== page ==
Debby Mangelings is Associate Professor in the Department of Analytical Chemistry and Pharmaceutical Technology at Vrije Universiteit Brussel. She is the Editor of the journal Chromatographia.
Tell us about your background
In 2001, I graduated as Pharmacist at the Vrije Universiteit Brussel (VUB). Then I started a PhD in Pharmaceutical Sciences at the Department Analytical Chemistry, Applied Chemometrics and Molecular Modelling under supervision of prof. Yvan Vander Heyden. My research career continued as a postdoctoral fellow of the Research Foundation Flanders (FWO) at the same department. In 2009, I obtained an assistant professor position at VUB, and since 2015 I am associate professor. Currently, I am editor of Chromatographia and an editorial board member of LCGC and Acta Chromatographica. In 2004 I received the Applied Physical Chemistry Award of the Istvan Halasz Foundation for outstanding achievements in the field of chromatography, in 2007 the National Prize of the Belgian Society of Pharmaceutical Sciences and in 2016 the LCGC Emerging Leader in Chromatography award.
Could you briefly describe your research interests, or current project?
The mission statement of our group can be described as “The rational use of new techniques in pharmaceutical analysis”, where analysis techniques refer to both separation and data-analysis. My main interest lies in the separation part of the research, where I am involved in projects concerning chiral separations, the use of miniaturized separation techniques, supercritical fluid chromatography, drug impurity profiling, transferability of analytical methods, fingerprint development, skin permeability determinations, cannabinoid profiling, metabolomics and peptide analysis.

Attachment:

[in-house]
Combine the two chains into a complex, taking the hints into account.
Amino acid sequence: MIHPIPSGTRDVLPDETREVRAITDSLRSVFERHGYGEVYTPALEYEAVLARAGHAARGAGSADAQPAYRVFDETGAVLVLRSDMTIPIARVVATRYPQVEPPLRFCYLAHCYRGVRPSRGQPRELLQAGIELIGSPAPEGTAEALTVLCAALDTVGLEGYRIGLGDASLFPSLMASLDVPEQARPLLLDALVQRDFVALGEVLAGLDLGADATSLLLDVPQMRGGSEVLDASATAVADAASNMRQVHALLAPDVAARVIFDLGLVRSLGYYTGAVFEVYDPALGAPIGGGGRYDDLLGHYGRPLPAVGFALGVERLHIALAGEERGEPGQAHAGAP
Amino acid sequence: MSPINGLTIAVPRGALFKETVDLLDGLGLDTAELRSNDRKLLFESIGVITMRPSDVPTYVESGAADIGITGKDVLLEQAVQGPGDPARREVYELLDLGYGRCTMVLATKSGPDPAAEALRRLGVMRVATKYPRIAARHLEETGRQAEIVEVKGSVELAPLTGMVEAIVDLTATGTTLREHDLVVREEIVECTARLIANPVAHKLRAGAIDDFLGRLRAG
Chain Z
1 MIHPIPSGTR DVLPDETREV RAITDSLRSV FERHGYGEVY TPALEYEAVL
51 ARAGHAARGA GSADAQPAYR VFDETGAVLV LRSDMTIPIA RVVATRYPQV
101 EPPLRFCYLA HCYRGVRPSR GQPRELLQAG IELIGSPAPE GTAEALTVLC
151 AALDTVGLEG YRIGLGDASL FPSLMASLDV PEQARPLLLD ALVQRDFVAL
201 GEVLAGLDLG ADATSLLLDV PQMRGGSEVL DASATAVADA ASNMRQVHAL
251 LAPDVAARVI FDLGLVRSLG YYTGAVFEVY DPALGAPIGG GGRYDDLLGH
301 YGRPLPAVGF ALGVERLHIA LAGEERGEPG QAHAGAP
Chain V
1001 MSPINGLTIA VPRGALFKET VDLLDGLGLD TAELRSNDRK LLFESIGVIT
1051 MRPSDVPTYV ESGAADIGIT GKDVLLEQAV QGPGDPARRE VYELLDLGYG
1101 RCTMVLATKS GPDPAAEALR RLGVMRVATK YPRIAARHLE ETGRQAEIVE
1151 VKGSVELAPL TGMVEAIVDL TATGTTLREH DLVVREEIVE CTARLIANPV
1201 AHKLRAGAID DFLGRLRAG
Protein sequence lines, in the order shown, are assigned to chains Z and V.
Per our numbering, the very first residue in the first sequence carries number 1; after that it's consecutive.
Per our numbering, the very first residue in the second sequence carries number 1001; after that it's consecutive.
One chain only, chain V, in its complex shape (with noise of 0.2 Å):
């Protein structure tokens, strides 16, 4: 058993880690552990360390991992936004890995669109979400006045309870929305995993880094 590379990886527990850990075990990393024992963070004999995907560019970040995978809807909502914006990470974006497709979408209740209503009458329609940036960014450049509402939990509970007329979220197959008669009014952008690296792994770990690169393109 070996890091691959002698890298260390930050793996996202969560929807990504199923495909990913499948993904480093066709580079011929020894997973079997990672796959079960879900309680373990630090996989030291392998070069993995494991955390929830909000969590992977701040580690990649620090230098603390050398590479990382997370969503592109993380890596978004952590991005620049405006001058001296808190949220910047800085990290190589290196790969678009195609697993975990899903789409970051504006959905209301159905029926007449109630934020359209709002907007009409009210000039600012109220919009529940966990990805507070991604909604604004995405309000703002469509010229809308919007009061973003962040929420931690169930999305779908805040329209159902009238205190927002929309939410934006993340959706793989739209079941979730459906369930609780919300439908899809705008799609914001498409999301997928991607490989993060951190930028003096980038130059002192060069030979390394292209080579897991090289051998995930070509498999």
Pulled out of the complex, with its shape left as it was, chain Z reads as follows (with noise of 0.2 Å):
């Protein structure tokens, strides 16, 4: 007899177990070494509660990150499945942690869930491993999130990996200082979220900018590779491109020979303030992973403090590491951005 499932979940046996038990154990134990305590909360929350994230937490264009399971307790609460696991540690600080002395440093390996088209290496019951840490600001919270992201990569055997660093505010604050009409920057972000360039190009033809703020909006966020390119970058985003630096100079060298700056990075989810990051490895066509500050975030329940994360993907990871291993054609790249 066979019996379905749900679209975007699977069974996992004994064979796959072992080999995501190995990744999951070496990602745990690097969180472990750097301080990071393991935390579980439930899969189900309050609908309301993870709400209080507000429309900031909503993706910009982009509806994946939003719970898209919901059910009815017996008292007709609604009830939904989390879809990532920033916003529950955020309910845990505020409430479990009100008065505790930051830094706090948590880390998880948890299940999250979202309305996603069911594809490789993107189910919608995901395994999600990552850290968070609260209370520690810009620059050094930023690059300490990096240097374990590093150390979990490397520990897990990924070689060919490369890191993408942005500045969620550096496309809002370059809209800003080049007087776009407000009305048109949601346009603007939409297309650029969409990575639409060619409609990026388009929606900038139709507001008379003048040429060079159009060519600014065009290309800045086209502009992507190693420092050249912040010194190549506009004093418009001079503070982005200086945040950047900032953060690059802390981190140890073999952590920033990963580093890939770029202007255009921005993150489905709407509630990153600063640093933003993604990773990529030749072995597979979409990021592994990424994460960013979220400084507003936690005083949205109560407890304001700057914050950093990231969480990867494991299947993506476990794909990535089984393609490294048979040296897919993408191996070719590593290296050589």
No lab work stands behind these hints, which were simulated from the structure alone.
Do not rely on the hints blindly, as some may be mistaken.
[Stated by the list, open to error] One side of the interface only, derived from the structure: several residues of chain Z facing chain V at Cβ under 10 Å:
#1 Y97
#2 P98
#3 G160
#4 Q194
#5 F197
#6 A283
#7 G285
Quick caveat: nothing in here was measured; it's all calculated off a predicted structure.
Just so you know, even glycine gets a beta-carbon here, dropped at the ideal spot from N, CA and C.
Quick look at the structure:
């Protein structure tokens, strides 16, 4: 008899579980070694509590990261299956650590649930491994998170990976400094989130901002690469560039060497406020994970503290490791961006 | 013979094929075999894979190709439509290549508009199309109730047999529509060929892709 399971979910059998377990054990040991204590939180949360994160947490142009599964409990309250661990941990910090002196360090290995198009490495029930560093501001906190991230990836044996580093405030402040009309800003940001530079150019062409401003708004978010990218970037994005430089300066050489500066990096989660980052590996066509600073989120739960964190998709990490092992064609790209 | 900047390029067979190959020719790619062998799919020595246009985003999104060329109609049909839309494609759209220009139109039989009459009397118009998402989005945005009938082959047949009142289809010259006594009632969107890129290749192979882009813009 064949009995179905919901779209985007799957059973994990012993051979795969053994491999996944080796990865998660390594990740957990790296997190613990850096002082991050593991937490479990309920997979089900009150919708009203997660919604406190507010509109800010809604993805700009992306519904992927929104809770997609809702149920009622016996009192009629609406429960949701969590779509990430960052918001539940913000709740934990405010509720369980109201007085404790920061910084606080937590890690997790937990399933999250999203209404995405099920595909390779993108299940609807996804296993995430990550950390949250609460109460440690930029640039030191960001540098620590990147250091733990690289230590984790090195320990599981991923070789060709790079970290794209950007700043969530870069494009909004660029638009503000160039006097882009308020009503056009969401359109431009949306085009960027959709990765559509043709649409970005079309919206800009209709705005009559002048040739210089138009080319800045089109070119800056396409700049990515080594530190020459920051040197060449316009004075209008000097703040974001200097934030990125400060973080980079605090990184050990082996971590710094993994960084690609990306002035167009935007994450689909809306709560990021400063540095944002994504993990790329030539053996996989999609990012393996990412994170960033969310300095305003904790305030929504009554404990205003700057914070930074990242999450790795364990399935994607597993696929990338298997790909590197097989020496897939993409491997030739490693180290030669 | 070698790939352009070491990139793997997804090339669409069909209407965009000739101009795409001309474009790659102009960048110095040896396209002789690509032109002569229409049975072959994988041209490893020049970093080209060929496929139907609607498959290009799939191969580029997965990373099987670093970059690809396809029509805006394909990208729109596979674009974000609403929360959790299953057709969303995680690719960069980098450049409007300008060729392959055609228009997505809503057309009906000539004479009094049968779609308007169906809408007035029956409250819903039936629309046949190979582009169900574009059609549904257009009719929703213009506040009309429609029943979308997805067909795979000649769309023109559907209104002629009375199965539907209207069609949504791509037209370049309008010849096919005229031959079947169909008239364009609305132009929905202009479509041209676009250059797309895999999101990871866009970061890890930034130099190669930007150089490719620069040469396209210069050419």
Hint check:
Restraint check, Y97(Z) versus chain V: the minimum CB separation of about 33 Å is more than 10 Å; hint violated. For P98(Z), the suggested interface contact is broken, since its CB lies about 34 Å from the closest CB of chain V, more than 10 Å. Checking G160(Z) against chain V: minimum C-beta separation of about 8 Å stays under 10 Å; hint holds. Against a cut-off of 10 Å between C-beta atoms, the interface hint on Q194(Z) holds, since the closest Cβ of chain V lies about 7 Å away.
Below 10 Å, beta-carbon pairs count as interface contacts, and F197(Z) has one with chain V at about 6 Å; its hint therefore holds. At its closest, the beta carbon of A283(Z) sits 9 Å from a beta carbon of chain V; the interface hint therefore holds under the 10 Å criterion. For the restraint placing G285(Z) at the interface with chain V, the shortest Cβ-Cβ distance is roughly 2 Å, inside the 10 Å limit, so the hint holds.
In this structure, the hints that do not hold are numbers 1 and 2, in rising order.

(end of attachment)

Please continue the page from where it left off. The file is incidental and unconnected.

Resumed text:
Why did you become a Scientist?
When learning about chirality as a first year Pharmacy student, I became fascinated by the fact that mirror images of molecules exist and display different activities in the human body and that this property has such a large impact on drug development. Later during my studies, the courses and the practical exercises of analytical chemistry were always more interesting for me than others. In my final year, I had the opportunity to do my Master thesis on chiral separations with reversed-phase liquid chromatography, which was the perfect subject! During the experimental phase of my thesis, I realized that I really loved doing research: every day was exciting, and no day was the same. At that moment, I decided that I wanted to pursue a career in research.
What does being a woman in STEM mean to you?
Honestly, I have never experienced any difficulties being a female scientist on a professional level, or at least not that I know of. A possible reason could be that our department is a pharmaceutical department, and many pharmacists are women. As a mother, it has been a major challenge to find a good balance between family life and an academic career. However, with some flexibility at both sides many things are possible.